The menu at Gloria's Restaurant in Sudbury is getting an international update thanks to the help of a staff member whose journey to the Nickel City is as interesting as his recipe book. 

Utpal Ghosh is from Bangladesh, but his family fled the country in the early 1990s when violence erupted against non-Muslims. 

They resettled in Kolkata, India, but Ghosh wanted to pursue a degree in health care. He moved to St. Petersburg, Russia to follow that dream, but a run-in with white supremacists changed his mind. 

"I had been affected twice," he said.

"They don't like the different culture people, you know. We were students there, so we used to take bus and metro, so people who were, uh, brown colour skin — they easily can find us, right?"  

Ghosh said his friend was put in hospital for two days.

"He was beaten badly. So I was scared."

'You can do something different'

That fear drove Ghosh to live with a cousin in Montreal, in 2002, where he started working in restaurants to make ends meet. 

That eventually led to a cooking job at a Golden Griddle in Oshawa, and then: a trip back to India, where Ghosh married. 

When his new wife got a job at Sudbury's hospital, a friend suggested that Ghosh apply for a job at Gloria's in Sudbury.

"She told me that you better go and try there. It's not a franchise. You can go and do a lot of, you know — if you have anything in mind, you can do something different."

Bruno Michel

Gloria's Restaurant owner Bruno Michel beams over a pot of Banjara chicken: "This is authentic, scratch cooking," he says of chef Uptal Ghosh's Thursday specials. (Jason Turnbull/CBC)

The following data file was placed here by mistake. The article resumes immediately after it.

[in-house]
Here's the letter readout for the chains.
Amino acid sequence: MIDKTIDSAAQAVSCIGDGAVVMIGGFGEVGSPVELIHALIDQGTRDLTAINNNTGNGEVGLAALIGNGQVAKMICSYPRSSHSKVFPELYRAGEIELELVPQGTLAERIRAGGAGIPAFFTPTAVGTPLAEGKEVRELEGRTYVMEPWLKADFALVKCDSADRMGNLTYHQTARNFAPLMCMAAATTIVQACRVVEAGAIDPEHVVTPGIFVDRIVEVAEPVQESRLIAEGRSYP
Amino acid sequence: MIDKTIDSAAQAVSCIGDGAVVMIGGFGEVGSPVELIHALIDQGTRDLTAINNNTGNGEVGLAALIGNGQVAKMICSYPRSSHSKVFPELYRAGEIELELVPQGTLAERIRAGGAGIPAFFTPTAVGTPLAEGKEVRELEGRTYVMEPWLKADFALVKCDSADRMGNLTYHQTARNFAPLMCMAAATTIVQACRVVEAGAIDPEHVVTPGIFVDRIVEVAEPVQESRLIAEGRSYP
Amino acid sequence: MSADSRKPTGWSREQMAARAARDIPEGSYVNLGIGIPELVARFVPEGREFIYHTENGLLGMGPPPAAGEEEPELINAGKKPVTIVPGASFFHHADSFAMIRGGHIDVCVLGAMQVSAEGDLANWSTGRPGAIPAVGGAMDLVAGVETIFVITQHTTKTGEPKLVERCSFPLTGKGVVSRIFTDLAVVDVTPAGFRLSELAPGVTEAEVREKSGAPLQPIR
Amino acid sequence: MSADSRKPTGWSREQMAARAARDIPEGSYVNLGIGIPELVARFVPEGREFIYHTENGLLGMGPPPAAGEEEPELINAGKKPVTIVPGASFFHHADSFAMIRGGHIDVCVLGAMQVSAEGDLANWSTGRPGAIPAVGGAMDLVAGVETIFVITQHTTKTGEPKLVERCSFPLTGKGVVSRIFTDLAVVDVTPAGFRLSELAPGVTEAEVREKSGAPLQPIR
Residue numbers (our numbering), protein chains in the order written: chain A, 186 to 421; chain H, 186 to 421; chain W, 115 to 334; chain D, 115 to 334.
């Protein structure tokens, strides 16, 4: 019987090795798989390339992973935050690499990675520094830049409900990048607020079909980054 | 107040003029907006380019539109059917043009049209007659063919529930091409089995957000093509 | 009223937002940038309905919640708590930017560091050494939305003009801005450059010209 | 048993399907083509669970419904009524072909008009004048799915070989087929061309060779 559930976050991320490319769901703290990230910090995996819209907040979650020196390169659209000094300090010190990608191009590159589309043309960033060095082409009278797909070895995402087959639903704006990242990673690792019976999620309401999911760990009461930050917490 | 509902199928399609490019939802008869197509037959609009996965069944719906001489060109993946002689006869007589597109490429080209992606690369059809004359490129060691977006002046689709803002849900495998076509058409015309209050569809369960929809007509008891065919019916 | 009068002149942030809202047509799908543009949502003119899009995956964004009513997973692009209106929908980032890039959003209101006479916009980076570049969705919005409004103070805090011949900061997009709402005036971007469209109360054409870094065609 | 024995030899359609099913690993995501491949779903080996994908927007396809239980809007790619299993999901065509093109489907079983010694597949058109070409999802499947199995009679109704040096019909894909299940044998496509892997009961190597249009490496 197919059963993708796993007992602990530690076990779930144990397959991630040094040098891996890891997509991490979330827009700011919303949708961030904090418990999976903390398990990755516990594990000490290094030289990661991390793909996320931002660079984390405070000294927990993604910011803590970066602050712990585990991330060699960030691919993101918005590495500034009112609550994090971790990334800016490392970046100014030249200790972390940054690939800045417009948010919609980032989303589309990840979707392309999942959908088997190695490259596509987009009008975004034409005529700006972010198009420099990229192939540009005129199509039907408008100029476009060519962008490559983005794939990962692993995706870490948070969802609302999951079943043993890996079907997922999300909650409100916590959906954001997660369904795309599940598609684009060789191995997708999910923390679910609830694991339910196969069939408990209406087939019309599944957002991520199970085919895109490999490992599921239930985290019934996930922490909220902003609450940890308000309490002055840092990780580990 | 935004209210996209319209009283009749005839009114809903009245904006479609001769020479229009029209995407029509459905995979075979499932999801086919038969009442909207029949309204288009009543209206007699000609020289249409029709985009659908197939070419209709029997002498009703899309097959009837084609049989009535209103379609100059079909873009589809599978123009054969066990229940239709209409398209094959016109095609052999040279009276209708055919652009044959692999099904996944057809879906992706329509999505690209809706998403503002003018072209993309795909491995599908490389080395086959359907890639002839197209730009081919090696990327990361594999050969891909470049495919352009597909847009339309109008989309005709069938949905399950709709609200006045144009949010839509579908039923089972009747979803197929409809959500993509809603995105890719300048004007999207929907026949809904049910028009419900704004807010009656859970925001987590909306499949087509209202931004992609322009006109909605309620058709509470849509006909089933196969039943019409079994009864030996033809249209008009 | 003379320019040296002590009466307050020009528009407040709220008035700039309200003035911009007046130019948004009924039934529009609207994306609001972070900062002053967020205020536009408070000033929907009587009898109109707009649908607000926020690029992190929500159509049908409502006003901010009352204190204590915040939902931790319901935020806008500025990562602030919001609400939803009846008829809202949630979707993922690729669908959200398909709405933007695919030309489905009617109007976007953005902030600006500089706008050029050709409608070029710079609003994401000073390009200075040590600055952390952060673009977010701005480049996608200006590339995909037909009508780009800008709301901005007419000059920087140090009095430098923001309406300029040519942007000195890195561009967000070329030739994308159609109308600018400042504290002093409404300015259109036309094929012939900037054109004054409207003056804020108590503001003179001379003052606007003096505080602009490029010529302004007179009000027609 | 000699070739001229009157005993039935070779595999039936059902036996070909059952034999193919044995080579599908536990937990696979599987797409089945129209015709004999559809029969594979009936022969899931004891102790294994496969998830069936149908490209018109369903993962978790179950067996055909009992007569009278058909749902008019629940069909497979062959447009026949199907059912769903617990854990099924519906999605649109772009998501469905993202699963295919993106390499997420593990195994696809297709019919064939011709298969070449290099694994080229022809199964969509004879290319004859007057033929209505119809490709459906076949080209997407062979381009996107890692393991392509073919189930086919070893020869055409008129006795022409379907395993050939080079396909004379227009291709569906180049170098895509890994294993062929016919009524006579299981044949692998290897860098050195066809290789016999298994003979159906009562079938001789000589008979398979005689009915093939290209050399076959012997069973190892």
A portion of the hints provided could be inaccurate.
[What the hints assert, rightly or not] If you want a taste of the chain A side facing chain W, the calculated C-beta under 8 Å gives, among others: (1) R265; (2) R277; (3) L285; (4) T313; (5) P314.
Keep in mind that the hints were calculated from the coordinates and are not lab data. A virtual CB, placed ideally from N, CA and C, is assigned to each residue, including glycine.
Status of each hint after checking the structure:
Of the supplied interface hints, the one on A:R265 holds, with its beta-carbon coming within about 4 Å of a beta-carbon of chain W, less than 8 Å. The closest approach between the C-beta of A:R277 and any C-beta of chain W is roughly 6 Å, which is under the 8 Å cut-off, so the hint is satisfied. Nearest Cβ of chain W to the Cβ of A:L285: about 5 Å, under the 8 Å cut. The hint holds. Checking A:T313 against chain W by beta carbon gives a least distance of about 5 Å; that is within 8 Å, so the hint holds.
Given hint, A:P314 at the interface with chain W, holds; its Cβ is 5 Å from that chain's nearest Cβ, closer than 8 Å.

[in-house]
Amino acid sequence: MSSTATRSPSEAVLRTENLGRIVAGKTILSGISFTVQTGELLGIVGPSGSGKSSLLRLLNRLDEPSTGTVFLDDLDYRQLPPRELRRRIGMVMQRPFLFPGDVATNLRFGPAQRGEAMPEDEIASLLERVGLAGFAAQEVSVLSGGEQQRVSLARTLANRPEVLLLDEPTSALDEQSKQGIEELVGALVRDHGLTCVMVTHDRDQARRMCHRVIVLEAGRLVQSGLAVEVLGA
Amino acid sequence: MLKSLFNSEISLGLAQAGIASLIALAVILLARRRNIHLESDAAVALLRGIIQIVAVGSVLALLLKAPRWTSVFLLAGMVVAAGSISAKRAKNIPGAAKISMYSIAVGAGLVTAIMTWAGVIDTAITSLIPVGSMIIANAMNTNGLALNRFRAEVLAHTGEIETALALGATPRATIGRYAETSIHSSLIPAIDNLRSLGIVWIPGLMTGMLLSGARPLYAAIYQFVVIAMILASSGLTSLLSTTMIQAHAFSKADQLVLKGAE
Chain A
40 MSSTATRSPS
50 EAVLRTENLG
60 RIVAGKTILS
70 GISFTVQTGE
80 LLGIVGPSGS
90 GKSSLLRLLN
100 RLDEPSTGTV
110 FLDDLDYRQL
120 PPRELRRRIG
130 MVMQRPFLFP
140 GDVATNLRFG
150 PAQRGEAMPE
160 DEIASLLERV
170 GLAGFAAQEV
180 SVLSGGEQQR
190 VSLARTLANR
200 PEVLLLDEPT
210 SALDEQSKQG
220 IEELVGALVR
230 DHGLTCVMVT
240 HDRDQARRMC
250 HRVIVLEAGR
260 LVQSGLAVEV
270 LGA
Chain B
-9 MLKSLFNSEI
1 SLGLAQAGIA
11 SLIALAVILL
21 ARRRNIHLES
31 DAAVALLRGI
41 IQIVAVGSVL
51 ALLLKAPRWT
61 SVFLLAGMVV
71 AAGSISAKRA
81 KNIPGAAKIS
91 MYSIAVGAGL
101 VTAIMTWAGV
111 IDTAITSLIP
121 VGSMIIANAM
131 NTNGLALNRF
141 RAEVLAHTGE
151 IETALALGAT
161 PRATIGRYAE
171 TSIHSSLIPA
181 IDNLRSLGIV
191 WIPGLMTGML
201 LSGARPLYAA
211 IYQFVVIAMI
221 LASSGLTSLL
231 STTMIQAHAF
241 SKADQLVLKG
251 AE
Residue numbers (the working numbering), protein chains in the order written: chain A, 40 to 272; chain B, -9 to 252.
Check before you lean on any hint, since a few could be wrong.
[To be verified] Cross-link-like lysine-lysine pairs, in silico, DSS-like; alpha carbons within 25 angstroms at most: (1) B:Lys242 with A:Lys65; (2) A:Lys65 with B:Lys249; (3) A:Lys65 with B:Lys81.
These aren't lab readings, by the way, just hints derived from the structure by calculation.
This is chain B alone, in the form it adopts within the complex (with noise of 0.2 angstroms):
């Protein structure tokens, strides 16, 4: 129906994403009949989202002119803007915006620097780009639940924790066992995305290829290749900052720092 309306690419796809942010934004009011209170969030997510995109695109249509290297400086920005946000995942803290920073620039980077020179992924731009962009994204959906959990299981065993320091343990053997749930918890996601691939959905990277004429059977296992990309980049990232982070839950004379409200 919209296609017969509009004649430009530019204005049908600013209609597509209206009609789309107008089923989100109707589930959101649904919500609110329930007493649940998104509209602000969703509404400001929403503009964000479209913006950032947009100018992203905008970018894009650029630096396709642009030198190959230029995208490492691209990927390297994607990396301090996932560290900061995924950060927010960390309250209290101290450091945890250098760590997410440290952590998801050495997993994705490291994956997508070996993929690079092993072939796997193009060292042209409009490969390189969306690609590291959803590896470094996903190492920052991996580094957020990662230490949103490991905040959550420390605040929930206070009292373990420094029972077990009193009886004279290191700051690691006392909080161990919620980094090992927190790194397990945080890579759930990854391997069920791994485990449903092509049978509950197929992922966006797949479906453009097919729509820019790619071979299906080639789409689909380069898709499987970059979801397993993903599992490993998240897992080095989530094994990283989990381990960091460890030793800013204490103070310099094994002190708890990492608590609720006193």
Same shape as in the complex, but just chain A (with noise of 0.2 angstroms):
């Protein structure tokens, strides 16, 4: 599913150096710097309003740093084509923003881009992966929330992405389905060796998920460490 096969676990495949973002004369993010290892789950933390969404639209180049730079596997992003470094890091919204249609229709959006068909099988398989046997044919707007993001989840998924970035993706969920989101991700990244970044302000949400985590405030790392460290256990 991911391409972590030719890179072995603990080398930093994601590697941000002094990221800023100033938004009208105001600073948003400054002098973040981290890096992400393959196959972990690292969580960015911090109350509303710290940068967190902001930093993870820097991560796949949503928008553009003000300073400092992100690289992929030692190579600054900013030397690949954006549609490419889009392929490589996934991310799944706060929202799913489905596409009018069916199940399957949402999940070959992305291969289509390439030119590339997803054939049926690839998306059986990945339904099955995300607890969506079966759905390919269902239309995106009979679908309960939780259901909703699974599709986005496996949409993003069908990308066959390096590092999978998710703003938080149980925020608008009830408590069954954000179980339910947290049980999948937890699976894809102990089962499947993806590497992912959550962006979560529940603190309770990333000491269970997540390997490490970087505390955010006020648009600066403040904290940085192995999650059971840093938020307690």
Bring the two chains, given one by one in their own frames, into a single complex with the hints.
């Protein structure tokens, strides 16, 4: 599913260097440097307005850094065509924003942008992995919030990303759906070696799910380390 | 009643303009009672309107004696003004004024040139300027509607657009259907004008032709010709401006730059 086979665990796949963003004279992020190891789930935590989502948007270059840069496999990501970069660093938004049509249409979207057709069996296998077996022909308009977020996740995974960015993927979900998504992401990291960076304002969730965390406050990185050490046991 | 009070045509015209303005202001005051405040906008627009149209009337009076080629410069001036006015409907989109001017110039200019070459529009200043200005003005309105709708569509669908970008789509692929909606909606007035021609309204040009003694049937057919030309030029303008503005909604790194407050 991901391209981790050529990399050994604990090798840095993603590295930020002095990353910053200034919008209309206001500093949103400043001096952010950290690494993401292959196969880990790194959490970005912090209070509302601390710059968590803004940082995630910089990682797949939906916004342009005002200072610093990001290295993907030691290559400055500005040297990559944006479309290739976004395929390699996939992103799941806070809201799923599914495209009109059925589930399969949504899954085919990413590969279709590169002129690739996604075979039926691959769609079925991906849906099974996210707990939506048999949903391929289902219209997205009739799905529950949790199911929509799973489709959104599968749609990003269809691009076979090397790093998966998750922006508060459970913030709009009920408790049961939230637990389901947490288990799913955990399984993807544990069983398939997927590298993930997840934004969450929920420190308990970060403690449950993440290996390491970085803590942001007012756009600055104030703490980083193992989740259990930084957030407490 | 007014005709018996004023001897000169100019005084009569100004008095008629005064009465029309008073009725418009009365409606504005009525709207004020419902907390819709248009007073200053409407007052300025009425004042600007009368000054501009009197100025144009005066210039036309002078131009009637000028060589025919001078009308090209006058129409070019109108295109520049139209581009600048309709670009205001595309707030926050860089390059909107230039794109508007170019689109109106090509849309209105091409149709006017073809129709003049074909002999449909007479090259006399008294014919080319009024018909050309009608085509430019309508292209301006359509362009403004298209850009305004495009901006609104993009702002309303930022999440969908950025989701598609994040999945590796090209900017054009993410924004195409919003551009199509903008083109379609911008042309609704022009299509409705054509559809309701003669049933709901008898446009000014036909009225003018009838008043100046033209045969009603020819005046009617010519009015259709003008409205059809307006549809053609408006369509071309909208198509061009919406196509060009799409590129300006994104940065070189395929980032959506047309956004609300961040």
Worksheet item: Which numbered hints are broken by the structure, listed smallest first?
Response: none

Gloria's owner Bruno Michel said before he hired Ghosh four years ago, he'd never even heard of caraway seed. But, the aromatic temptations coming from his employee's lunch bag proved irresistible, and Michel decided that his customers should give it a try. 

He asked Ghosh to prepare Tandoori chicken one day. New to the menu — but not wholly unfamiliar to diners. 

"People didn't believe it. They thought it came out fo a box," said Michel of the reaction over that first Indian meal six months ago.

"I've had to parade Utpal around to introduce him to the customers to show them that this is scratch cooking!" 

Michel said he's so happy with the experience so far, that he hopes to introduce more international food to the menu on select days. 

"I would love to say on Tuesdays, introduce another nationality," he said.

"I'm not sure they would become menu items necessarily. But that's a possibility. Have a little East Indian section next to the hot hamburgers and liver!" 

Listen here to the short documentary on this story prepared by CBC Radio host Jason Turnbull.